If a phobia is an irrational fear, is there a word for a fear that is rational?

  • 2
    A rational fear is an oxymoron. – Othya Jun 16 '16 at 16:43
  • 4
    ^how do you figure that? Are you saying that if a lion was trapped in the room with you your fear would be irrational? – user180089 Jun 16 '16 at 16:50
  • 2
    Fear is rational. Phobia is irrational. – NVZ Jun 16 '16 at 17:02
  • Fear is not necessarily rational."Fear is the unpleasant feeling you have when you think that you are in danger." The thought might or might not be rational, might be partially rational (meaning the danger exist but the probability is badly evaluated). Some people fear God, how's is that rational? some people fear the judgment of their parents even though they're grown up. Some people fear more spiders than crossing a road, it's not rational either (except in Australia). Rationality is not what makes differ phobia from fear. It's the intensity (and yes a phobia is always non rational). – P. O. Jun 16 '16 at 18:49
  • @P.Obertelli I forgot to mention, phobias are a subset of fears. So obviously not all fears are rational. But the rational ones are just that--rational fears or simply fears. There seems to be no single word other than this. – NVZ Jun 16 '16 at 23:48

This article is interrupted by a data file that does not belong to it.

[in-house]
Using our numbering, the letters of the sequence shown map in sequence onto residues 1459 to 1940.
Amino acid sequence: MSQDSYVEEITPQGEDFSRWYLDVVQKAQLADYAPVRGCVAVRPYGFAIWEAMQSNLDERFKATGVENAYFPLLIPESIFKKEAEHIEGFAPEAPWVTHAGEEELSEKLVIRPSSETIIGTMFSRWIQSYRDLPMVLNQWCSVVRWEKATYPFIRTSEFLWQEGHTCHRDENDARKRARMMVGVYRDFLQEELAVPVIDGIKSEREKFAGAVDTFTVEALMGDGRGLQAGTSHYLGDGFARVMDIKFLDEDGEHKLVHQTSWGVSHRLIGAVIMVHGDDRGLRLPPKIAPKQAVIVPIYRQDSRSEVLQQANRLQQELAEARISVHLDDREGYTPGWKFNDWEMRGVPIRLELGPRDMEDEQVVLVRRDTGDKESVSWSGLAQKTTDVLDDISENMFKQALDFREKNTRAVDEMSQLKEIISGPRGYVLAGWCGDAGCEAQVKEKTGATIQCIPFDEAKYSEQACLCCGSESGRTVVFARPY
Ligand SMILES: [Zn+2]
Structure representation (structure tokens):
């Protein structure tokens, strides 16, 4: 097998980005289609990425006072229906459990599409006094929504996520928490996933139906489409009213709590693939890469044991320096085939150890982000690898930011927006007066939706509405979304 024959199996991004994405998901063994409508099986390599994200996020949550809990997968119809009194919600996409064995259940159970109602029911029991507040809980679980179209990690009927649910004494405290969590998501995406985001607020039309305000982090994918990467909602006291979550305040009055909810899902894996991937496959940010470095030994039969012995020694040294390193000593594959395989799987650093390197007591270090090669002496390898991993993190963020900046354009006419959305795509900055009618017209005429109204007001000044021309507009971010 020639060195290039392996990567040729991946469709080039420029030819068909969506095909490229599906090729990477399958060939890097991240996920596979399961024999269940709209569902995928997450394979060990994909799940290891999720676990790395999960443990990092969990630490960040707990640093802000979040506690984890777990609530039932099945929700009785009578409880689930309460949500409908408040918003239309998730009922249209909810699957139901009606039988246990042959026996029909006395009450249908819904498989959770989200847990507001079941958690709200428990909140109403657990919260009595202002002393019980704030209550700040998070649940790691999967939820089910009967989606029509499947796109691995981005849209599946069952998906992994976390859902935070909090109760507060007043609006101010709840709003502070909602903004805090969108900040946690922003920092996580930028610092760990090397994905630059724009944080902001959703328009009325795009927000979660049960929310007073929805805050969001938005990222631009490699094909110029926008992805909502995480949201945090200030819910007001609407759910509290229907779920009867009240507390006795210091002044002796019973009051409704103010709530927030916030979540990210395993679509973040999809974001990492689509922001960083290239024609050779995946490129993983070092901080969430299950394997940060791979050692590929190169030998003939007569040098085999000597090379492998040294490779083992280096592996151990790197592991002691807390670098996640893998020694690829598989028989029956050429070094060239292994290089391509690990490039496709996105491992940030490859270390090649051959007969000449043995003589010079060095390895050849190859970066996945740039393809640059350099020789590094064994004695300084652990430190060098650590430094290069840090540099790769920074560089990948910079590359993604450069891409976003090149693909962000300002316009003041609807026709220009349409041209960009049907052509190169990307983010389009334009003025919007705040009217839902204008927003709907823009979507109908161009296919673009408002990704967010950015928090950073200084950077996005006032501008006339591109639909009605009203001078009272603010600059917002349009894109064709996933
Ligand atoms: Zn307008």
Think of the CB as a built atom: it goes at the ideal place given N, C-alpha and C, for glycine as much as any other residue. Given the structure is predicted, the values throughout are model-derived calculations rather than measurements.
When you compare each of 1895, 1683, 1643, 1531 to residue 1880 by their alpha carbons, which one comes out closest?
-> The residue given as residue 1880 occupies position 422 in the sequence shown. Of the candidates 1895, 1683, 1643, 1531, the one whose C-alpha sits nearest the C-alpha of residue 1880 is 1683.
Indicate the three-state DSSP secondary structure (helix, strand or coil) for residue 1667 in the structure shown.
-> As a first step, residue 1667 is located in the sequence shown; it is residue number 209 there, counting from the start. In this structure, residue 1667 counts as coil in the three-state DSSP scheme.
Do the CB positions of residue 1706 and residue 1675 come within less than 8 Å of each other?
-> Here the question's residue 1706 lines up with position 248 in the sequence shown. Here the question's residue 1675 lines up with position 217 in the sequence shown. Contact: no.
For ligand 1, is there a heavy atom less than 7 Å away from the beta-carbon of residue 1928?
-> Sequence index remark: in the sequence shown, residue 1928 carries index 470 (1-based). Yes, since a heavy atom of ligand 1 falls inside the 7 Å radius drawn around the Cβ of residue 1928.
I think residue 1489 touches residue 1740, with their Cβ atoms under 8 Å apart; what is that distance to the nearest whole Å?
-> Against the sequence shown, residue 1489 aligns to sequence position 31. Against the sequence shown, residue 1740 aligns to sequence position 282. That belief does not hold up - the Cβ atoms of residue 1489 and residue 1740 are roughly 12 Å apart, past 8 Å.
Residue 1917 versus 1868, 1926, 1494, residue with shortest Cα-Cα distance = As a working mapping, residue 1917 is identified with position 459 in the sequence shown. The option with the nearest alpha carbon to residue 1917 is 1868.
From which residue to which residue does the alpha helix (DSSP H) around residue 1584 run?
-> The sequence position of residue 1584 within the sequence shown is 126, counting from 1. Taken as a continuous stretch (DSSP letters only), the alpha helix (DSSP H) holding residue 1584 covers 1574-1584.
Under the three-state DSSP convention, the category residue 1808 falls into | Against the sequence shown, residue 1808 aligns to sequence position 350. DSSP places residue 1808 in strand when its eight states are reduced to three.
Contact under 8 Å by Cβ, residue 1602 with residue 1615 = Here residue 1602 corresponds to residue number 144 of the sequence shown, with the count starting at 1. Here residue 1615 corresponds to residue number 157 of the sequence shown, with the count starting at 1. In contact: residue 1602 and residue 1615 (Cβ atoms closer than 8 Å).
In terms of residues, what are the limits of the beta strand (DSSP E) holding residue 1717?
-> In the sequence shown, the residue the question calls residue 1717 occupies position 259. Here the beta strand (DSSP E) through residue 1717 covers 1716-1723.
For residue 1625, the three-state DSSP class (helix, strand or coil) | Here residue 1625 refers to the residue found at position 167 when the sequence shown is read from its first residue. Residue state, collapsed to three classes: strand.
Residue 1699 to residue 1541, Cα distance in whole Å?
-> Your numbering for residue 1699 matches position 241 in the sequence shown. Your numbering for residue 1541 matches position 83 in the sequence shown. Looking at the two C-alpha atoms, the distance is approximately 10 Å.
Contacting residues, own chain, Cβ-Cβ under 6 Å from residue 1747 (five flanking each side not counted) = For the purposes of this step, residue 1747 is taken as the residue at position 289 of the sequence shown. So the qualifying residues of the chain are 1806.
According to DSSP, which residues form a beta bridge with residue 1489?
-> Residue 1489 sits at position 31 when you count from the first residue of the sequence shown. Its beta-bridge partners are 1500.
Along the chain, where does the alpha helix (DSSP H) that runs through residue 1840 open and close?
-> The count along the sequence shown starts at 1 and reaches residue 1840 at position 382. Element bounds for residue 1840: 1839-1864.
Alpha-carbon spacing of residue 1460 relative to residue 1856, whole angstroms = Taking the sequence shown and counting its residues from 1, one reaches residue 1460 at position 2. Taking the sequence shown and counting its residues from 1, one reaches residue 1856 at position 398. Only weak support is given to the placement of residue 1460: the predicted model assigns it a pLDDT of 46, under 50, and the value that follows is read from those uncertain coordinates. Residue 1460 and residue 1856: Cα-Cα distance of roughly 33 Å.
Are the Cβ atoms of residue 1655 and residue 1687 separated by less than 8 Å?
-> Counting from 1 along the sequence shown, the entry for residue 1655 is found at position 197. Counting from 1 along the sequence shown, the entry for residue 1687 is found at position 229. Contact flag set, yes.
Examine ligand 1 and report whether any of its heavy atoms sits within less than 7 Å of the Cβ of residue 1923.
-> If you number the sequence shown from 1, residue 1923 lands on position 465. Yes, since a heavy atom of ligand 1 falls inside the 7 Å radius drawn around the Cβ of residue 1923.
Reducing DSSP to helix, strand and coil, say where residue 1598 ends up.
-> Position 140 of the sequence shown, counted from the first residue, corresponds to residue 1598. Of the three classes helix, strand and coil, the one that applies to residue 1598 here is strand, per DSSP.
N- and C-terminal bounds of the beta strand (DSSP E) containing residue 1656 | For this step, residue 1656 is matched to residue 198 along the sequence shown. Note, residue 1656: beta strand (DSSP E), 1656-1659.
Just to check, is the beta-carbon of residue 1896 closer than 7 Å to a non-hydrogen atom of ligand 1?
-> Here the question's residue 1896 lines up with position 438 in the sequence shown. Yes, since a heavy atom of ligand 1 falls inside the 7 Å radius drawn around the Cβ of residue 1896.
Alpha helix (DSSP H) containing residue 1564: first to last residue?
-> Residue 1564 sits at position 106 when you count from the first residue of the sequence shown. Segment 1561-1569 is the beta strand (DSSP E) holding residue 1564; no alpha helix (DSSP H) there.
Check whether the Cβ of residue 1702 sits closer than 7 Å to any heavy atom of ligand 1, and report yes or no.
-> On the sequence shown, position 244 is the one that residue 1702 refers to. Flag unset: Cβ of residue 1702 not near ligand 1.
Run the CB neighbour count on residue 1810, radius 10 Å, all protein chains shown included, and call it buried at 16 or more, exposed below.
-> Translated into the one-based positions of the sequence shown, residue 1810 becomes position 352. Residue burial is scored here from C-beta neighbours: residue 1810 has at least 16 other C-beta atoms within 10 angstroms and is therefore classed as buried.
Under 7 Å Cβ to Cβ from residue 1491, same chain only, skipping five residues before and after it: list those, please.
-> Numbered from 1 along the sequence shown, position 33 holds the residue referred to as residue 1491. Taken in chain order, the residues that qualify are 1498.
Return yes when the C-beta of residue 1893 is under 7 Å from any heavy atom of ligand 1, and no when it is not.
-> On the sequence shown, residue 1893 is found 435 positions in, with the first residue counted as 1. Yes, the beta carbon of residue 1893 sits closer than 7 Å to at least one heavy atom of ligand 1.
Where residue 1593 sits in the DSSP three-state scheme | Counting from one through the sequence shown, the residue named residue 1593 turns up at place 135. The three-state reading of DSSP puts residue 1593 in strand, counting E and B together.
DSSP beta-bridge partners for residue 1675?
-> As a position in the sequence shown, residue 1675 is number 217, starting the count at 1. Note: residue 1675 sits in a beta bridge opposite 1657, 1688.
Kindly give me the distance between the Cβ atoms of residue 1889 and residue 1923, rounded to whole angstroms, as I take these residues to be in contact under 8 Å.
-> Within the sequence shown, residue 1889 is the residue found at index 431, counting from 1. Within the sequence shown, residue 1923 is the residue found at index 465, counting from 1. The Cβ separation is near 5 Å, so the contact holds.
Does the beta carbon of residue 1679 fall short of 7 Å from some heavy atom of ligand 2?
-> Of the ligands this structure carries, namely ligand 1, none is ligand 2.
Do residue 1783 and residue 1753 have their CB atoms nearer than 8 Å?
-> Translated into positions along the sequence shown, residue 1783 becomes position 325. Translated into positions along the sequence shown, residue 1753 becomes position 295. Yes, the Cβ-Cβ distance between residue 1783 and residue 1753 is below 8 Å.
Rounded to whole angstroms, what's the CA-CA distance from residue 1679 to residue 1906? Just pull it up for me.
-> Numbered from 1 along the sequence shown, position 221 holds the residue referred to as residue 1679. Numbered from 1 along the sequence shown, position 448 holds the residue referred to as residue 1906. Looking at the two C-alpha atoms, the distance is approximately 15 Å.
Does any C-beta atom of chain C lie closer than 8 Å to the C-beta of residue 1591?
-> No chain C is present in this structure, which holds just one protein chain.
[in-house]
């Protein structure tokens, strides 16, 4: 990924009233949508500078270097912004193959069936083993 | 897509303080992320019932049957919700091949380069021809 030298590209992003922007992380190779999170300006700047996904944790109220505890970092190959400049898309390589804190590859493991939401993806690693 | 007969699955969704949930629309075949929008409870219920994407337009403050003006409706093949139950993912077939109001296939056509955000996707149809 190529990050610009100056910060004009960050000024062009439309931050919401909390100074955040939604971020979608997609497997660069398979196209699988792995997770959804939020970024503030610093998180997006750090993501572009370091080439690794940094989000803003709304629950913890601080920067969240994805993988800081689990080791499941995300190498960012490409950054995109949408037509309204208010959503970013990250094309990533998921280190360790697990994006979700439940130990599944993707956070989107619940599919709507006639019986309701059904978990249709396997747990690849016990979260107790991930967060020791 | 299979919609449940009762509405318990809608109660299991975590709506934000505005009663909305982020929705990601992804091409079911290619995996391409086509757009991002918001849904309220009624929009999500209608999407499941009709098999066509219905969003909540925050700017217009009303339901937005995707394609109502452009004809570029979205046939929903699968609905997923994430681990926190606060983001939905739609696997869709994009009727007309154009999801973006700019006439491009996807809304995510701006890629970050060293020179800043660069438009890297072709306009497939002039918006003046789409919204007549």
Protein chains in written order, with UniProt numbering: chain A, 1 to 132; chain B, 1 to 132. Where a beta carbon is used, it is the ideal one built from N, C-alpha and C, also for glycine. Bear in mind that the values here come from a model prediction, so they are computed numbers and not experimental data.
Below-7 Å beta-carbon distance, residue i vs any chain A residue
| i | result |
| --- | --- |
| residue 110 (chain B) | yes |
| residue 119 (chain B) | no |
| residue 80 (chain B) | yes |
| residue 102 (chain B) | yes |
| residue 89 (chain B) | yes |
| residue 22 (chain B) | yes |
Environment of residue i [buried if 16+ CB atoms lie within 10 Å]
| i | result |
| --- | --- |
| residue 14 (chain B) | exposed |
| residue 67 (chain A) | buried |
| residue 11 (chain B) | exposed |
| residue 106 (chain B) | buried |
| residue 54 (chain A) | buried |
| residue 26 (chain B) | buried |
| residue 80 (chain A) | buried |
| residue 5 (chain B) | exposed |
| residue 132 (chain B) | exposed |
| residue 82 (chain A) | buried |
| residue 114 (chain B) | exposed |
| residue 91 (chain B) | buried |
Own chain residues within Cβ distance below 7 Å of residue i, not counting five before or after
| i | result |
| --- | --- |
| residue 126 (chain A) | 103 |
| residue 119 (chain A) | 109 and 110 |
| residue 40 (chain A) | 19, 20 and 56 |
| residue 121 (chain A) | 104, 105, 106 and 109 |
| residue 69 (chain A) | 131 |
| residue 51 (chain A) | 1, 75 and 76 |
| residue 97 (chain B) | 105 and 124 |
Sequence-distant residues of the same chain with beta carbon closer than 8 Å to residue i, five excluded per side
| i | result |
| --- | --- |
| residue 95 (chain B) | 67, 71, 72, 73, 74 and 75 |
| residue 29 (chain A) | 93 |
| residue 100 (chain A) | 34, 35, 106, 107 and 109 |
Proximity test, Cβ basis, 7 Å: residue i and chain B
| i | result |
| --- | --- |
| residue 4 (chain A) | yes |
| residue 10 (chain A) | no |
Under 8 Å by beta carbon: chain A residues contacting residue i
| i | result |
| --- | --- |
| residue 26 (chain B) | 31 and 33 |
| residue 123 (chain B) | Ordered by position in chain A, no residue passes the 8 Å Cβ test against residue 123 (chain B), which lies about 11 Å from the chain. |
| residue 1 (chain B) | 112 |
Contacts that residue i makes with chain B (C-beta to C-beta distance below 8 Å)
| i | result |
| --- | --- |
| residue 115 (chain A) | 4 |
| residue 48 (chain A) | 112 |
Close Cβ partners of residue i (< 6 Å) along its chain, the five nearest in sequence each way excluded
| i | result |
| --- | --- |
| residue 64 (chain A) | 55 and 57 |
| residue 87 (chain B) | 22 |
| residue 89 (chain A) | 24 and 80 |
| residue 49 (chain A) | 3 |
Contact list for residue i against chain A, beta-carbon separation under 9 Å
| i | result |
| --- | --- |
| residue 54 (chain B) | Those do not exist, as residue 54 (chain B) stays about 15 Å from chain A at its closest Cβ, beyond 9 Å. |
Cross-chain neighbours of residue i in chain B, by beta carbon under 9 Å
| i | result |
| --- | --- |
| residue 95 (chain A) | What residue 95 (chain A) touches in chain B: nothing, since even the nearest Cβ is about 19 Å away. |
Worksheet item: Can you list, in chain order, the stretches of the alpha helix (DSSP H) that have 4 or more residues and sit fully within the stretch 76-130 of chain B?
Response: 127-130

I doubt there is a single word which labels rational fear, but I would say caution comes close:

prudent forethought to minimize risk

Prudence implies rationality (one of its synonyms, another being wise)

The reason I doubt a specific word for rational fear is that fear (n.) is normal and rational in a great many situations.

|improve this answer|||||

To my mind, having a "rational fear" means being...

circumspect - heedful of potential [undesirable] consequences
cf prudent - careful and sensible; marked by sound judgment

...so as a noun, I'd go for circumspection.

|improve this answer|||||

I discovered this thread because I was looking for a single word or phrase that meant the opposite of a phobia - as in: if a phobia is always considered to be an “irrational fear”. What I believe I am discovering is that there is no such word or suffix. Apparetnlynis hasn’t been coined but I believe such a word is needed.

What seems to get lost in the discussion is that when people try to define or assign the terms such as rational or irrational, they are making a value judgement or attempting to define their own view of rationality. Ex: running into a burning building to save someone else may seem rational to some - hoping to save the life of a loved one or simply another human being, or it would seem irrational because entering a burning building has real fears of personal harm and pain. Then we talk about action done in the face of fear is courage. And it could be courage. But, all of these additional descriptors are imparting a value - trying to define rationality or irrationality or desirability and admirability vs undesirability or shamefulness.